JACKSON, Wyo. — We’re now heading into the third week of a mid-winter dry spell with minimal snow chances over the next seven days. Temperatures will be cold this week as well, though a strengthening temperature inversion over the weekend will result in comparatively milder temperatures in the mountains.
January 17-23 Weather Recap
The past week was another dry one for Jackson Hole with one weak storm on Thursday evening (1/20) that produced 3-6 inches of new snow in the Tetons and 2-3 inches of new snow in the Jackson Hole Valley. This is the only snow we’ve received in the past 16 days.
The snowpack in the Tetons is now 96% of average (down from 116% two weeks ago), while the Snake River Basin as a whole, which includes the Snake River and Gros Ventre Ranges, is 103% of average.
Temperatures have been on the chilly side over the past week as a well with varying levels of inversions. The highest temperature in Jackson was 29ºF on Thursday (1/20) and the lowest temperature was -8ºF this morning.
The temperature in Jackson has not risen above freezing since January 7, when it got up to 42ºF.
Forecast for Monday (1/24) to Sunday (1/30)
Partly to mostly cloudy skies can be expected on Monday with highs in the low 20s in the valley as the inversion weakens slightly ahead of an approaching cold front.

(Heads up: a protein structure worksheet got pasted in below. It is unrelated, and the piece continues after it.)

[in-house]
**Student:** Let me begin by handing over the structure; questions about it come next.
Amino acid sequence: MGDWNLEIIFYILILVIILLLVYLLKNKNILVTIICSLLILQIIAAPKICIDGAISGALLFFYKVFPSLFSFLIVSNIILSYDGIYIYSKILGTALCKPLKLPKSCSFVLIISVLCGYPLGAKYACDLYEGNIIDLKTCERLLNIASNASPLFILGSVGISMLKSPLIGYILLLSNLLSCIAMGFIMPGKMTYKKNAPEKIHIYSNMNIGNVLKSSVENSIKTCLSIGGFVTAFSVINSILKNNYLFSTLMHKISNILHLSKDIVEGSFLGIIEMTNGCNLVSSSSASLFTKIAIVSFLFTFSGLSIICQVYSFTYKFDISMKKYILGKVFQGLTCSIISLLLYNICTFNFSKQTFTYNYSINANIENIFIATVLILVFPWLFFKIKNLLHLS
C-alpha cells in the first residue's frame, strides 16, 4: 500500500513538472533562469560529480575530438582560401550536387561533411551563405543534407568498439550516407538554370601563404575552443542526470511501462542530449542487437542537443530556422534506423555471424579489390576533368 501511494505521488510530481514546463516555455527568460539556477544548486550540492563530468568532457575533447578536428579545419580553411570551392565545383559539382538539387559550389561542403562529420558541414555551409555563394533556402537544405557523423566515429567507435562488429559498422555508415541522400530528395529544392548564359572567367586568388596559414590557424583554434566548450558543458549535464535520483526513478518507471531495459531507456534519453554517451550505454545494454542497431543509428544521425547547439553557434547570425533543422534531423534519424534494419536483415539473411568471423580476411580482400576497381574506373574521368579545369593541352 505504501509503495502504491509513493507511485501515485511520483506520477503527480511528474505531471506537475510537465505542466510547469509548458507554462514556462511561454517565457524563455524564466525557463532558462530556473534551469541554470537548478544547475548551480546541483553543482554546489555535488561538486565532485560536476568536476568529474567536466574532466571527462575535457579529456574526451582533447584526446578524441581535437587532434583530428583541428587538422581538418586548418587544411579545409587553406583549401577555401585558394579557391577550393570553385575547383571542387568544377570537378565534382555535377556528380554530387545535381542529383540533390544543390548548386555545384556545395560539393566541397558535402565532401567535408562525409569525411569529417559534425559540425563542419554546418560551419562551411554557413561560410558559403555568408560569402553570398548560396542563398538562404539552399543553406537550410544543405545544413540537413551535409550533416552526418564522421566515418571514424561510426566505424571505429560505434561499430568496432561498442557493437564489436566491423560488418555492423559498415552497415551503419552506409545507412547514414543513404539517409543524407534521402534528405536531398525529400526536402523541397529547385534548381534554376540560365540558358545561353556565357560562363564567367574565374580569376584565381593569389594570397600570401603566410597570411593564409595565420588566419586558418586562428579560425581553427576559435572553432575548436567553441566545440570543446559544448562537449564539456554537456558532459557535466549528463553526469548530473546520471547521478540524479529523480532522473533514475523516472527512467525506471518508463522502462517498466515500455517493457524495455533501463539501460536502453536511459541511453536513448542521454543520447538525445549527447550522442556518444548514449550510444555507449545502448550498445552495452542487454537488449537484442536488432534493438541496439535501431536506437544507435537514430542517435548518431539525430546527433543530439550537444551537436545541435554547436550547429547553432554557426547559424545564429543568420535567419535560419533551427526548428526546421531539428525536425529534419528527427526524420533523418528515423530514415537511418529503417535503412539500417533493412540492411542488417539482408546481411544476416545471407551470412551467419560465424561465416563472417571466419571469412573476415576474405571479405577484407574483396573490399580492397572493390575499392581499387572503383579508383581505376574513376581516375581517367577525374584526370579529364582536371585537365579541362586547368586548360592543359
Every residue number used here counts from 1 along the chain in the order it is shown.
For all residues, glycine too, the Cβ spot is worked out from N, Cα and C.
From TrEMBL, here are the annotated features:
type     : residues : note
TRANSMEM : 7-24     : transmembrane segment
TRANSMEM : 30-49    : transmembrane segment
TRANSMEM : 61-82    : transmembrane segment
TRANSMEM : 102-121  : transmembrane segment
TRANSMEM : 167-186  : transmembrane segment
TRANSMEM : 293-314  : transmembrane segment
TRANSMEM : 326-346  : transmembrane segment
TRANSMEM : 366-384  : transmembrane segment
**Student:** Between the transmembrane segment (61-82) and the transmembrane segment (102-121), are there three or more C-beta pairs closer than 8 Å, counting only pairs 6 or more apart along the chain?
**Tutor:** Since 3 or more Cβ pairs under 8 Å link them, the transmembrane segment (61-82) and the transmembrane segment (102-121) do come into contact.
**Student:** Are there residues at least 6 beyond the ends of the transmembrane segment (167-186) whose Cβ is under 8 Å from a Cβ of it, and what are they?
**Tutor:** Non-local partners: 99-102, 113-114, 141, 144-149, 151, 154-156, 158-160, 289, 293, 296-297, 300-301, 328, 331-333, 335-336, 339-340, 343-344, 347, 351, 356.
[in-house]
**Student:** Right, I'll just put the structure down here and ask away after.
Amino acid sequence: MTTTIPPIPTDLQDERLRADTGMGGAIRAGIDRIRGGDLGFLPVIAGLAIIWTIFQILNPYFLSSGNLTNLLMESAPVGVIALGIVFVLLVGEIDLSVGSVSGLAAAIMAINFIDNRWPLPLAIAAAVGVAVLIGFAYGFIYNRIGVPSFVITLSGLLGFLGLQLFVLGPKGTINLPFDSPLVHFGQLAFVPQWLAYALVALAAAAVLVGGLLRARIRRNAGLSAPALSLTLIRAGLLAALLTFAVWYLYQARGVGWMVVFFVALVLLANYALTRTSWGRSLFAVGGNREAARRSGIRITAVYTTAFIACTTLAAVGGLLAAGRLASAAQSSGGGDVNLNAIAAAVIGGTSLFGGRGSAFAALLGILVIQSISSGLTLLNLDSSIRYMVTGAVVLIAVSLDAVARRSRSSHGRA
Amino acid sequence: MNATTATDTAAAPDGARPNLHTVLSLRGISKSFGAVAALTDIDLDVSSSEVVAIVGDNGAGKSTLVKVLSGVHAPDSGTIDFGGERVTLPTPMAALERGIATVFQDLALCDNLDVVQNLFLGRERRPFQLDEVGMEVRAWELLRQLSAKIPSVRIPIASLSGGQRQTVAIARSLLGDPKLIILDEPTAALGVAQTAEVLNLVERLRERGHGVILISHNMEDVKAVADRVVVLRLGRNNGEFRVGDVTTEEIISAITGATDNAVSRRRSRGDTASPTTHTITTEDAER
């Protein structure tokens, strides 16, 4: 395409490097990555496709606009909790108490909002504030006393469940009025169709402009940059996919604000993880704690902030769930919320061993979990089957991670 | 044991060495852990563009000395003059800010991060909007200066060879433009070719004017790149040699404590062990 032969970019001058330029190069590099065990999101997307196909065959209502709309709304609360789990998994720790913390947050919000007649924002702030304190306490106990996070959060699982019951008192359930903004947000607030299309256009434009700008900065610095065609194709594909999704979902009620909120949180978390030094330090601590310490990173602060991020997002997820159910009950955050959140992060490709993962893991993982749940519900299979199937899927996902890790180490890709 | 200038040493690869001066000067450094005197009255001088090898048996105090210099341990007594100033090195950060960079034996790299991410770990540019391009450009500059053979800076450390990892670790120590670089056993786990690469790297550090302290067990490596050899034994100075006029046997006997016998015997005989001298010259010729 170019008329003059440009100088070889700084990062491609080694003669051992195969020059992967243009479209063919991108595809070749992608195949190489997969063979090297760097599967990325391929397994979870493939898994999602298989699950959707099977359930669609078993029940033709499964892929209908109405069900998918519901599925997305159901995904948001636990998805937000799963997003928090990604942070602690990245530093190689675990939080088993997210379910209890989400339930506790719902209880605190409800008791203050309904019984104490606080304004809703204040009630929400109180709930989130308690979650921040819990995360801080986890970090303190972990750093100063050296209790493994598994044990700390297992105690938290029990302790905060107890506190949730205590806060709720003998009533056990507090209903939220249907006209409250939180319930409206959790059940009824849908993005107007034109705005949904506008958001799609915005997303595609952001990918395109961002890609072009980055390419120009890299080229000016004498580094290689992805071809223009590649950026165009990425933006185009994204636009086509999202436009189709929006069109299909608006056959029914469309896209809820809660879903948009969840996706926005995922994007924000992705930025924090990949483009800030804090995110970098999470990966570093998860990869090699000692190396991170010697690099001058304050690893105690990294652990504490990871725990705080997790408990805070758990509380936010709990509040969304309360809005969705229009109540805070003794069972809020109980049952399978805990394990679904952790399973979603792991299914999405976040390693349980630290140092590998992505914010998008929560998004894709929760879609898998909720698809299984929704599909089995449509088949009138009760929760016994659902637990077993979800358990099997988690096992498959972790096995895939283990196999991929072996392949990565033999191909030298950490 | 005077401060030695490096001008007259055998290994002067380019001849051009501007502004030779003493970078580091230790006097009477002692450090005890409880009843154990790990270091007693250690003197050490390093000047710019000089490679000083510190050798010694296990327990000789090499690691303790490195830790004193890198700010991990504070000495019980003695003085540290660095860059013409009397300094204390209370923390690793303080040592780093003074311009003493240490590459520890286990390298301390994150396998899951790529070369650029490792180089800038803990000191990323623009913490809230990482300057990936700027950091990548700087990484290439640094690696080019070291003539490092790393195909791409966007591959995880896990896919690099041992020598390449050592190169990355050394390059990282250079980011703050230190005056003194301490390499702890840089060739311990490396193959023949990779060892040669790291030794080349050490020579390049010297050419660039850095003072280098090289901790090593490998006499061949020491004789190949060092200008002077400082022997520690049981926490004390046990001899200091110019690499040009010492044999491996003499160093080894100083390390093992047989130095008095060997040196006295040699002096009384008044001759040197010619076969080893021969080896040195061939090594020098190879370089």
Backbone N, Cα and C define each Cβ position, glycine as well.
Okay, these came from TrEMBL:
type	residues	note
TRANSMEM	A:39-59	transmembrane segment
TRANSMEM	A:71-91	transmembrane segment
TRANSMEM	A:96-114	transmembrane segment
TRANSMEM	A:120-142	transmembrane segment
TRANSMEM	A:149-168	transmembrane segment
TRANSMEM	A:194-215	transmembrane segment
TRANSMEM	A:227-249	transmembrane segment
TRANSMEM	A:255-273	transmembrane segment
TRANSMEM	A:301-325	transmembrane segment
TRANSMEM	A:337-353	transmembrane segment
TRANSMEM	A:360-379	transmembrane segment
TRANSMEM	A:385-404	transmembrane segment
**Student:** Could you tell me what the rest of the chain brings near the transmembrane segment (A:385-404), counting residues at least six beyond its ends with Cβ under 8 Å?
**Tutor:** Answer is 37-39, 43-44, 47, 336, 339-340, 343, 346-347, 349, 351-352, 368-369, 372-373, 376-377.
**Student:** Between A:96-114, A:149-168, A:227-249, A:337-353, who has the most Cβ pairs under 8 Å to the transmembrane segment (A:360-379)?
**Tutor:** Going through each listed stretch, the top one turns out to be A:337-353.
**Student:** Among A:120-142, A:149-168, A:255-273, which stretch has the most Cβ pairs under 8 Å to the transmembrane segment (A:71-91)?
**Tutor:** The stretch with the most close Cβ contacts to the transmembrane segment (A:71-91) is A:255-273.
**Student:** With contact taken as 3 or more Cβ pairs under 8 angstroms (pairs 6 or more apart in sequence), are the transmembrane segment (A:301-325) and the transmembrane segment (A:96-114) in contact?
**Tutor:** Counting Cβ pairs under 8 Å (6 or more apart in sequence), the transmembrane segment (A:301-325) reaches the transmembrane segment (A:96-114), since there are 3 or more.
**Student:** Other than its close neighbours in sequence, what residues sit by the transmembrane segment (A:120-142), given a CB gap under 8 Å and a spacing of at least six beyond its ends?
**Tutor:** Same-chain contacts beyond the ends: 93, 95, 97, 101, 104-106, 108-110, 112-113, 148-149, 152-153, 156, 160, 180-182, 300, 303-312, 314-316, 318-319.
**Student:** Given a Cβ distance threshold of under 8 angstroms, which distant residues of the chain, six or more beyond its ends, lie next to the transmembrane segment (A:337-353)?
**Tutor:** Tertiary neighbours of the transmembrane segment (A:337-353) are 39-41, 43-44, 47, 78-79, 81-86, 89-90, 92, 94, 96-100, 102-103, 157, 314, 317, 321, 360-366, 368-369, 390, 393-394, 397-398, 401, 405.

The cold front will arrive from the north on Monday evening and we could see a round of light snow showers along and behind the front. This event will not be a big deal and any accumulations will be very light.
This will also be our only real shot of snow this week as a dry pattern resumes in the days to follow. Temperatures will be chilly behind the front at all elevations on Tuesday and will fall well below zero in the valley on Tuesday night.
A weak temperature inversion is expected on Wednesday, then another cold front will arrive from the north on Wednesday night, reinforcing the cold temperatures at all elevations. This front will have little moisture and no snow is expected as a result.
Thursday will be another chilly day across all elevations, then high pressure will strengthen from Friday through Sunday with a stronger inversion developing. Temperatures will warm up to comfortable levels at the mid to upper elevations while the valley will be much colder.
The pattern will finally start to turn more active early next week as a storm moves into the Western U.S., but the latest trends are hinting that the storm track won’t be especially favorable for the Tetons and we could end up with a lighter snow event.
The pattern looks to remain unsettled during the second half of next week as well with additional snow chances, though confidence is low in terms of just how strong or frequent the storms will be.
Alan Smith, Meteorologist